With Fat Tuesday falling 16 days earlier in 2015 than last year, the Mardi Gras parade season has crept up on many people. But all signs point to a terrific year.
Parading clubs are reporting record membership for 2015, with Endymion boasting 3,000 members, Thoth 1,600, Nyx 1,511, Bacchus 1,450, Iris 1,310 and Tucks 1,200. The big have gotten bigger, but smaller clubs such as Cleopatra and Carrollton are also enjoying record growth.
Comings and Goings
In light of declining membership and sparse crowds along their routes, the krewes of Thor, Atlas and Zeus bowed out in Jefferson Parish, bringing to a close a combined 140 years of parading tradition. For the first time since 1975, Metairie will not have a parade scheduled on the day before Mardi Gras.
In all, 25 clubs have folded over the past 17 years, but with every departure comes an influx of new talent, new energy and new ideas. Two new female parading krewes, both predominately African-American, will debut in 2015. The Krewe of Athena Carnival Club Inc. was granted a Jefferson Parish parade permit to follow Excalibur on the opening night of the parade season. In spite of a moratorium on new parades, the Mystic Krewe of Femme Fatale received approval by the New Orleans City Council to parade Sunday, Feb. 8, as the fourth parade that day on the traditional Uptown route. The addition of these new clubs further expands the first parading weekend’s calendar, which now features 20 parades in a three-parish area.
Carnival’s oldest gay club, the Krewe of Petronius, announced the cancellation of its ball for 2015. The group hopes to return in 2016.
According to the NOPD, the 32 parades that travel on Napoleon Avenue will not be affected by the ongoing construction project in the area. However, the space on the neutral ground for parade watchers will be limited to about 6 feet. No ladders will be allowed.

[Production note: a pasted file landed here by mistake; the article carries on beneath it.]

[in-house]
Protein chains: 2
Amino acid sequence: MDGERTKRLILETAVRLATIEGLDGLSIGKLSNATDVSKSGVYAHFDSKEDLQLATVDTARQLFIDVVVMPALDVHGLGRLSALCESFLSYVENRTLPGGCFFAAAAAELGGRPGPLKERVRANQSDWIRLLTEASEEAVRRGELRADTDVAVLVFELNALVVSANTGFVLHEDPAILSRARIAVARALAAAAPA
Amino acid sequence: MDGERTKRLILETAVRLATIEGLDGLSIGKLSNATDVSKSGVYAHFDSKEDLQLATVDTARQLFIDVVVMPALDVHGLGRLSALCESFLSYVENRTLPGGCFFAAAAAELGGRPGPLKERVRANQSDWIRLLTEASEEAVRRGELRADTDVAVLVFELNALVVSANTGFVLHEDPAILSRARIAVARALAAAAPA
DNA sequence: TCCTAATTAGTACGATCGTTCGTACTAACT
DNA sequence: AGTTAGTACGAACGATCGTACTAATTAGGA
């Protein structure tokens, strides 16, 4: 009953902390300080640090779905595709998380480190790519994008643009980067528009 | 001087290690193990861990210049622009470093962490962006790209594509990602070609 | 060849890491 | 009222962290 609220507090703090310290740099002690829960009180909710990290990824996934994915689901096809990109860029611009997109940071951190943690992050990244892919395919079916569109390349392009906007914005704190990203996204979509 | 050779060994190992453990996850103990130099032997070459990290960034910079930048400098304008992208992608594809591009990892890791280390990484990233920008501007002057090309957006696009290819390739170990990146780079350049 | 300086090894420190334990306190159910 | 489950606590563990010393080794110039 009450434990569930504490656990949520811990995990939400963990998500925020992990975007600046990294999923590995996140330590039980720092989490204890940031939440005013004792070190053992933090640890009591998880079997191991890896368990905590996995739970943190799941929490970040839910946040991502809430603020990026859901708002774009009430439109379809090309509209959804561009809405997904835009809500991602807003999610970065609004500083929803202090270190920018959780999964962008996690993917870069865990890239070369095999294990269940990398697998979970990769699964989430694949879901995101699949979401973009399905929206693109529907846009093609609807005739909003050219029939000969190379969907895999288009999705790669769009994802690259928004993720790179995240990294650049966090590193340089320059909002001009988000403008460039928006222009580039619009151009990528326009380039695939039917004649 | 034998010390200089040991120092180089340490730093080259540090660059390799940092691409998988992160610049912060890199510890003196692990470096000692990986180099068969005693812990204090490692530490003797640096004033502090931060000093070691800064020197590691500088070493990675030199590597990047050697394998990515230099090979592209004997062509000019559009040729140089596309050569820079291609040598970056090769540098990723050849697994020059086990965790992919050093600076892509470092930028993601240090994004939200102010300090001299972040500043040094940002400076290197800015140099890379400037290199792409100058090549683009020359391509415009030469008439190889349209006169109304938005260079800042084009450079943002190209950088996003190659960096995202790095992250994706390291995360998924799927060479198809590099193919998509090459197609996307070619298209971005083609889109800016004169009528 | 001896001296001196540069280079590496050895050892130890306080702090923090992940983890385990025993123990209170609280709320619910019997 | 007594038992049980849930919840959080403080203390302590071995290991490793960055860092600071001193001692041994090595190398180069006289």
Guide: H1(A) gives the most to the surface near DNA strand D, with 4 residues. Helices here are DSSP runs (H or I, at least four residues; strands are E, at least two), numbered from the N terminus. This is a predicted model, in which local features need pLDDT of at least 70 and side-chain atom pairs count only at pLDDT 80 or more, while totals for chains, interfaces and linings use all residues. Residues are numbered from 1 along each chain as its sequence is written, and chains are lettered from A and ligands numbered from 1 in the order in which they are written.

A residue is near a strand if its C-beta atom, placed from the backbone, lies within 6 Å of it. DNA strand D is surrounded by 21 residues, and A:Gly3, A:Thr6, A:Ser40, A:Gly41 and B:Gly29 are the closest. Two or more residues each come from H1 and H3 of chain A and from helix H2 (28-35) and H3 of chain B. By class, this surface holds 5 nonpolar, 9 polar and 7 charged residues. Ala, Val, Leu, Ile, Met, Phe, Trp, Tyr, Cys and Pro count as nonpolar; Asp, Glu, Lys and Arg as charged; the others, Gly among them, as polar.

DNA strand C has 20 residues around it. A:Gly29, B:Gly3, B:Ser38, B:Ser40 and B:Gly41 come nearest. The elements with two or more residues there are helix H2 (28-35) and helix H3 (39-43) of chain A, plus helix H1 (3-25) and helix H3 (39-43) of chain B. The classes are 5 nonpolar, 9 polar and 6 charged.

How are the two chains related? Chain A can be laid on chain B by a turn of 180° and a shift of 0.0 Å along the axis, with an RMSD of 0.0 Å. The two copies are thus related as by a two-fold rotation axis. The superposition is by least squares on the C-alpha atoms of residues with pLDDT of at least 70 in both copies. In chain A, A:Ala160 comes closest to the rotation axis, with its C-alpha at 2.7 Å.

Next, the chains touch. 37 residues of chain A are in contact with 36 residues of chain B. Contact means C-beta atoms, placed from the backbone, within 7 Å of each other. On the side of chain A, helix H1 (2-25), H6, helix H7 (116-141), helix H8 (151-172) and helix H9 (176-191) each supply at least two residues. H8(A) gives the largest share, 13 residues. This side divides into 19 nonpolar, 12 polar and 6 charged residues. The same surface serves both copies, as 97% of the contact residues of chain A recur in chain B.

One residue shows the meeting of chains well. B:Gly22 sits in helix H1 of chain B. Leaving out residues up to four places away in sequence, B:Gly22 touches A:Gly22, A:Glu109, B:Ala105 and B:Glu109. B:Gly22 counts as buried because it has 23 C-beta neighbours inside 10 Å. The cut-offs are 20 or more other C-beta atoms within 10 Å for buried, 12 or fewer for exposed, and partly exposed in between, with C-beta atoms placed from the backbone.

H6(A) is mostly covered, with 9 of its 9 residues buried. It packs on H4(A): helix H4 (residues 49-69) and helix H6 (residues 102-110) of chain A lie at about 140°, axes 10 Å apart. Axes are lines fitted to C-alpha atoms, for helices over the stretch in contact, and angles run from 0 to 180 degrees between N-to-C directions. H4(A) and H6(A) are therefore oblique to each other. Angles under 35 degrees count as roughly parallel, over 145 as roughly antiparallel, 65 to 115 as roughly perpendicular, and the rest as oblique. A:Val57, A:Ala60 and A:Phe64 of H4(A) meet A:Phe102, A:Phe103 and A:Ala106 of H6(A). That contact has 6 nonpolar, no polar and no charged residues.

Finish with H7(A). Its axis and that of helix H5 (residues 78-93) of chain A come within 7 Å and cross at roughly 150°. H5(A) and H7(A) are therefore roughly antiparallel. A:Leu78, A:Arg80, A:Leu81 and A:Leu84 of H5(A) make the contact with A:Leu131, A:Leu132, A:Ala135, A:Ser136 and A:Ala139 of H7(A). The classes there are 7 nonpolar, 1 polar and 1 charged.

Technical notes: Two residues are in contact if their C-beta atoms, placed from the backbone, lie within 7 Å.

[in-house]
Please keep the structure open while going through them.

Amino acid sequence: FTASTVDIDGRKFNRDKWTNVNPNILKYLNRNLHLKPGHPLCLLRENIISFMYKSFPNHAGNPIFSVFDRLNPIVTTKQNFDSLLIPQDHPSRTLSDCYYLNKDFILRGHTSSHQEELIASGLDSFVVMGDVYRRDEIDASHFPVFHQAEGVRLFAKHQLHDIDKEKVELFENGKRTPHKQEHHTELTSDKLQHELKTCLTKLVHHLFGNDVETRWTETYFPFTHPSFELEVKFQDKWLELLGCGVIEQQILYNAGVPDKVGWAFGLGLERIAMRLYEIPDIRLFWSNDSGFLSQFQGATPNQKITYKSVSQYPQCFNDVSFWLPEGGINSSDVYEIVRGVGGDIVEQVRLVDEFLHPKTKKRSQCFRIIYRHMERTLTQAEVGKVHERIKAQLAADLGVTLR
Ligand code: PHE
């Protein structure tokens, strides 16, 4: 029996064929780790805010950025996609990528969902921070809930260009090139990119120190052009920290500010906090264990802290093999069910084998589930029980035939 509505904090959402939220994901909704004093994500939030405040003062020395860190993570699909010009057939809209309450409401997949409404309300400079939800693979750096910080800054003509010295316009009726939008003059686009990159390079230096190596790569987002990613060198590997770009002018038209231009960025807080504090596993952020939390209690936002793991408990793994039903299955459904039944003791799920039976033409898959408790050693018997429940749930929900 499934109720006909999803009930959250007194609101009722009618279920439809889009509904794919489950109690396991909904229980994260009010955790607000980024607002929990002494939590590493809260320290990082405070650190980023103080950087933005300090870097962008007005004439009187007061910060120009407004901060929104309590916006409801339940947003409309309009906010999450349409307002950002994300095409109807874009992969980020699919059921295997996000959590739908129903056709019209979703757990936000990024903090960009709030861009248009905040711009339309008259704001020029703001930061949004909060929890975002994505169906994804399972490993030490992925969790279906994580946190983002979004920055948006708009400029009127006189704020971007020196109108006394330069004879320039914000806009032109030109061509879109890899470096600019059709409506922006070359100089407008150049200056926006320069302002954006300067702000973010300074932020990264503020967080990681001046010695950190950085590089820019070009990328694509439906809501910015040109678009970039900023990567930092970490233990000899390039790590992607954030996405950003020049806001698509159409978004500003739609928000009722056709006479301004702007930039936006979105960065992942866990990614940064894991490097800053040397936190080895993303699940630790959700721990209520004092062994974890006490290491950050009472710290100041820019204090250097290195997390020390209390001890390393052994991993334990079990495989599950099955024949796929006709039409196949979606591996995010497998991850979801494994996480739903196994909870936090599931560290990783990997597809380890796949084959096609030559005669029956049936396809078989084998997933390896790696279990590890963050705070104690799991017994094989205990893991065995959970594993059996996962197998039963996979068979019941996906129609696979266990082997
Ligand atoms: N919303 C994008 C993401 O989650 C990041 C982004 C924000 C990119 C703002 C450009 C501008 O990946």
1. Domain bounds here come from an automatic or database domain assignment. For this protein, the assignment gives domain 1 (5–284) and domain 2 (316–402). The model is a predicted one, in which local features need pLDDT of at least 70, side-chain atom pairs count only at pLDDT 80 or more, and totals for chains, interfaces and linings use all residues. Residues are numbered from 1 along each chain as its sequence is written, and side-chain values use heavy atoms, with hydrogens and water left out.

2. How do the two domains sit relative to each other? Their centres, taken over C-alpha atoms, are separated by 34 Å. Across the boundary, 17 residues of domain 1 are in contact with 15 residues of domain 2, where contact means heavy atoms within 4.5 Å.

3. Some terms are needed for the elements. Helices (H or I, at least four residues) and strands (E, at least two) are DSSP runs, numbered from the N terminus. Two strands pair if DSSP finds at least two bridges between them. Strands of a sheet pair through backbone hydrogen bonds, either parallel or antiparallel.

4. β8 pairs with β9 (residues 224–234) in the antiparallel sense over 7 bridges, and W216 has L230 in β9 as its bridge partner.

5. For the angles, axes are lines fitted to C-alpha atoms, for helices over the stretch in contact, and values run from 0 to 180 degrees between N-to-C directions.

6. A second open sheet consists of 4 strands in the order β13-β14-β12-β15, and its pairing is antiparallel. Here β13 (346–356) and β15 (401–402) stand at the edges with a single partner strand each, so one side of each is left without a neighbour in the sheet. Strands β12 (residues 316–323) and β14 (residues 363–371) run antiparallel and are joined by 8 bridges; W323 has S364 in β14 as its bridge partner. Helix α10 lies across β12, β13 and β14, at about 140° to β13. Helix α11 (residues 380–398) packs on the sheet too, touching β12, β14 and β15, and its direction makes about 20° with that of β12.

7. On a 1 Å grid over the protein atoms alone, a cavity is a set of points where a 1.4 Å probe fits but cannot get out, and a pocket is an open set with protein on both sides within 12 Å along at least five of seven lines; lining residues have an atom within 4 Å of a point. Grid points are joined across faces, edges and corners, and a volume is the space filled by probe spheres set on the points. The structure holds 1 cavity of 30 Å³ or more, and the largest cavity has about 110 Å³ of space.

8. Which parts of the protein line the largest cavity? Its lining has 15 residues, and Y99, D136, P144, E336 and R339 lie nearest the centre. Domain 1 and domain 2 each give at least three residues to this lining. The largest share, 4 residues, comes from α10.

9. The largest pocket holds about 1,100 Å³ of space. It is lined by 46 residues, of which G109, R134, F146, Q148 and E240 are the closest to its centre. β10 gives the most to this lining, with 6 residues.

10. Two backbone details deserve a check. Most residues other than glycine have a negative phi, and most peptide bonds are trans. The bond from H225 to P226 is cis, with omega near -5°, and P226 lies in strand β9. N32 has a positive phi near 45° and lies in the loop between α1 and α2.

New this year
Rex will add a new wrinkle to its Lundi Gras entrance this year by arriving, not by boat on the river, but aboard elegantly decorated vintage railroad cars.
For the first time in its 82-year history, the Krewe of Alla will welcome female riders.
The city of New Orleans is sponsoring “Carnival on the Square,” a Family Gras-like event that hosts free concerts in Lafayette Square before the parades on the first weekend of the season.
Endymion unveils a new tandem float near the end of the 2015 parade that features a HD video wall. The new E-TV (Endymion TV) float will be made up of 30 LED panels and three video screens — two for live video shots of the crowds and one for graphics. Tickets to its post-parade party at the Superdome, all 20,000 of them, are sold out.
Gallier Hall has served as the city’s official reviewing stand for Mardi Gras parades for most of the past century-and-a-half, but it will not be available in 2015 due to safety concerns. A large chunk of the top façade fell off the building, crushing the steps below. Extensive repairs may be necessary. The mayor will toast krewe royalty from the reviewing stands next to Gallier Hall.
Celebrities set to ride in 2015 include country music superstars Luke Bryan in Endymion and Dierks Bentley in Orpheus. Reigning as Bacchus XLVII is actor John C. Reilly.
The Krewe of Isis, a mainstay in Jefferson Parish for more than 40 years, has no plans to change its name in response to current events in the Middle East. Meanwhile, the Order of Isis in Mobile is going to parade under the name OOI for the foreseeable future.
Several krewes celebrate anniversaries this year, none more significant than the oldest walking club, the Jefferson City Buzzards, who hit the 125-year mark. And the Budweiser Clydesdales will make their 50th appearance in parades this year.
In an odd juxtaposition of dates, Valentine’s Day and Friday the 13th fall on the weekend before Fat Tuesday. Look for several parades to take advantage of this coincidence in their parade themes and in their throws.
The New Orleans Advocate deepens its Mardi Gras commitment by producing Carnival Bulletins for more than a dozen krewes in 2015.
In 2014 horrible weather dampened 25 percent of the parades and made for an unusually soggy Fat Tuesday. While it’s too early to predict this year’s weather, the last time Carnival day fell on February 17 was 1953. Two-tenths of an inch of rain fell that day and temperatures ranged from a low of 46 degrees to a high of 63 degrees.
If 2014 was any indication, the true believers will be out in force no matter what Mother Nature has to say.